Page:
Presentation on theme: "Intro to Ancient History Week 10: comparisons & theories."— Presentation transcript:
Intro to Ancient History Week 10: comparisons & theories
Comparative evidence Why would we want to use material from, say, nineteenth-century US slavery? What might it tell us? What are the potential problems?
Comparative evidence Why would we want to use material from, say, nineteenth-century US slavery? shortage of ancient evidence What might it tell us? how it might have been What are the potential problems? similarity or difference? underlying changes? choice of appropriate comparison?
Generalisations & Theories Move to identify general principles, or make use of ideas from economics, sociology etc. Breadth: applicability to range of historical contexts including pre-modern. Strength and nature: how far proclaimed as a universal law, how far a model or trend? Which theory? Depends partly on topic, but always competing ideas on interpretation.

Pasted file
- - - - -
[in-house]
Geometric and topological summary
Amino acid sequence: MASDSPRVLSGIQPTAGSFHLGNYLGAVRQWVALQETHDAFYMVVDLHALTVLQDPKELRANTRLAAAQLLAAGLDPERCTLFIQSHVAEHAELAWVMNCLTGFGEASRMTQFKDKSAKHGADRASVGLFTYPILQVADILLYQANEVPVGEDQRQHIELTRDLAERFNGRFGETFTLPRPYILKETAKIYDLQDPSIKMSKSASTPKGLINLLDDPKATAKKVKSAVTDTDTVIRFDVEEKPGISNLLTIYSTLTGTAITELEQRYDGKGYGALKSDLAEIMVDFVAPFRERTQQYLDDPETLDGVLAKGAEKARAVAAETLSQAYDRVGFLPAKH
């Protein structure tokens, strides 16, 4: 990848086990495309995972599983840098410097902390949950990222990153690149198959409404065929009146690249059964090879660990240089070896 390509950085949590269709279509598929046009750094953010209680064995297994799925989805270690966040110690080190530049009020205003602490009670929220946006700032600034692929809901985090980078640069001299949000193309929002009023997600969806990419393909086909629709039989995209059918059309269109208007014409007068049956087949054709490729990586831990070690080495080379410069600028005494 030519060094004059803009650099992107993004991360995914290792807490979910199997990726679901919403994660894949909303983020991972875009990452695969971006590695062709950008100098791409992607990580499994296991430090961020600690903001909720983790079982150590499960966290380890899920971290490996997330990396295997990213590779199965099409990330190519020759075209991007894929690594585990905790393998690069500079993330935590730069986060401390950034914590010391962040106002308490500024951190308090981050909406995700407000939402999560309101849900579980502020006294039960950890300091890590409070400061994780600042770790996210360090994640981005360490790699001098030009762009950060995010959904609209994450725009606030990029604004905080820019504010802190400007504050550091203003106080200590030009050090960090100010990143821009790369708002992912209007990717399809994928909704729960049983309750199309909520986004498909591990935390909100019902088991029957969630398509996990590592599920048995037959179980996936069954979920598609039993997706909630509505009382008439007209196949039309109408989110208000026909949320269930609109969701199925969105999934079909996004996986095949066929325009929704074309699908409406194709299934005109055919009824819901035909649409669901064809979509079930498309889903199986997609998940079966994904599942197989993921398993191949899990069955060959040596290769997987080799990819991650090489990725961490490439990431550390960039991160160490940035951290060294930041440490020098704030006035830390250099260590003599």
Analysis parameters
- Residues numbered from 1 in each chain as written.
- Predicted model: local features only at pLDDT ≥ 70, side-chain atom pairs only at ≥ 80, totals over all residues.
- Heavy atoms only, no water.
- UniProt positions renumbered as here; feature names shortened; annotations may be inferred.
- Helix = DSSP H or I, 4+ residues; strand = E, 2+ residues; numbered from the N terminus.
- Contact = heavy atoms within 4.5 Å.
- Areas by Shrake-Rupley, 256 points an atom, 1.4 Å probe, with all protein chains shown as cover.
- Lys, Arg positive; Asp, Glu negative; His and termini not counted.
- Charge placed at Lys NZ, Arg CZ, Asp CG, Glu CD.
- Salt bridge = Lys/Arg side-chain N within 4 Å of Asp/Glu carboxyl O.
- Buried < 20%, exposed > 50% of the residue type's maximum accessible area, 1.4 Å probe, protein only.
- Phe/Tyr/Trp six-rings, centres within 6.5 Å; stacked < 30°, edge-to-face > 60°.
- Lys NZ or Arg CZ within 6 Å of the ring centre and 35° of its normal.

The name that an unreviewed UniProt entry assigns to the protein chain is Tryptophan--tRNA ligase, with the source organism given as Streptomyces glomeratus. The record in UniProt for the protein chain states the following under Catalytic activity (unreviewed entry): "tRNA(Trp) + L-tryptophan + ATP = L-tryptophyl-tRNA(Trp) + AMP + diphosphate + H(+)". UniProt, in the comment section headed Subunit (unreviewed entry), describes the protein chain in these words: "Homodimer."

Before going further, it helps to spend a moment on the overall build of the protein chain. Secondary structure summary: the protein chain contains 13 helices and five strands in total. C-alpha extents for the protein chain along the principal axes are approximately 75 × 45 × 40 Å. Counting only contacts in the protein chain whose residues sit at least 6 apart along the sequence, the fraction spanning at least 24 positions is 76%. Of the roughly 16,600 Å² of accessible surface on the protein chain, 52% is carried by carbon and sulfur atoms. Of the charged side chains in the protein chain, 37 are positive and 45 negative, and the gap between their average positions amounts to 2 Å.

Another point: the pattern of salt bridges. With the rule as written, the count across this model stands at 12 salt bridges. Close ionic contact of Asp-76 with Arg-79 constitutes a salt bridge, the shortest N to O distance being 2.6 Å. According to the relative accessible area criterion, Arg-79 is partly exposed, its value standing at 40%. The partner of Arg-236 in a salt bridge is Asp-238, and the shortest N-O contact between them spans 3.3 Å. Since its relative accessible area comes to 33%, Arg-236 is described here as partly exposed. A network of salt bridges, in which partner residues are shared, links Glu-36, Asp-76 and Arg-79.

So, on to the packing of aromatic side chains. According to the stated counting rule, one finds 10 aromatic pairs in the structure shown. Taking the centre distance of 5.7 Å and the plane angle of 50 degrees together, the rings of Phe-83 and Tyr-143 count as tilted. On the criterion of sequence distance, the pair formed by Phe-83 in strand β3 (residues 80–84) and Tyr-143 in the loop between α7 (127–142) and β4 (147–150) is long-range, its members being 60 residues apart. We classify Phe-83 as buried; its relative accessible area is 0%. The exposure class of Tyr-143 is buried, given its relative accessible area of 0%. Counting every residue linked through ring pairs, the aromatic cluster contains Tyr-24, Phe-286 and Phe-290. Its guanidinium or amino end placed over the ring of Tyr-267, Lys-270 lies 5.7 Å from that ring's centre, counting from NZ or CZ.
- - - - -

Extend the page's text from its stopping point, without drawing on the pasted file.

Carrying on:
The problem with theory Theory is always controversial, at least in history: seen by some to be anachronistic, distorting, politicised, deliberately obscure. One possible response: all history is anachronistic, distorting etc., but theoretical history is aware of its own limitations. Different ways of doing history, each claiming superiority – but also different conceptions of theory and its role in writing history.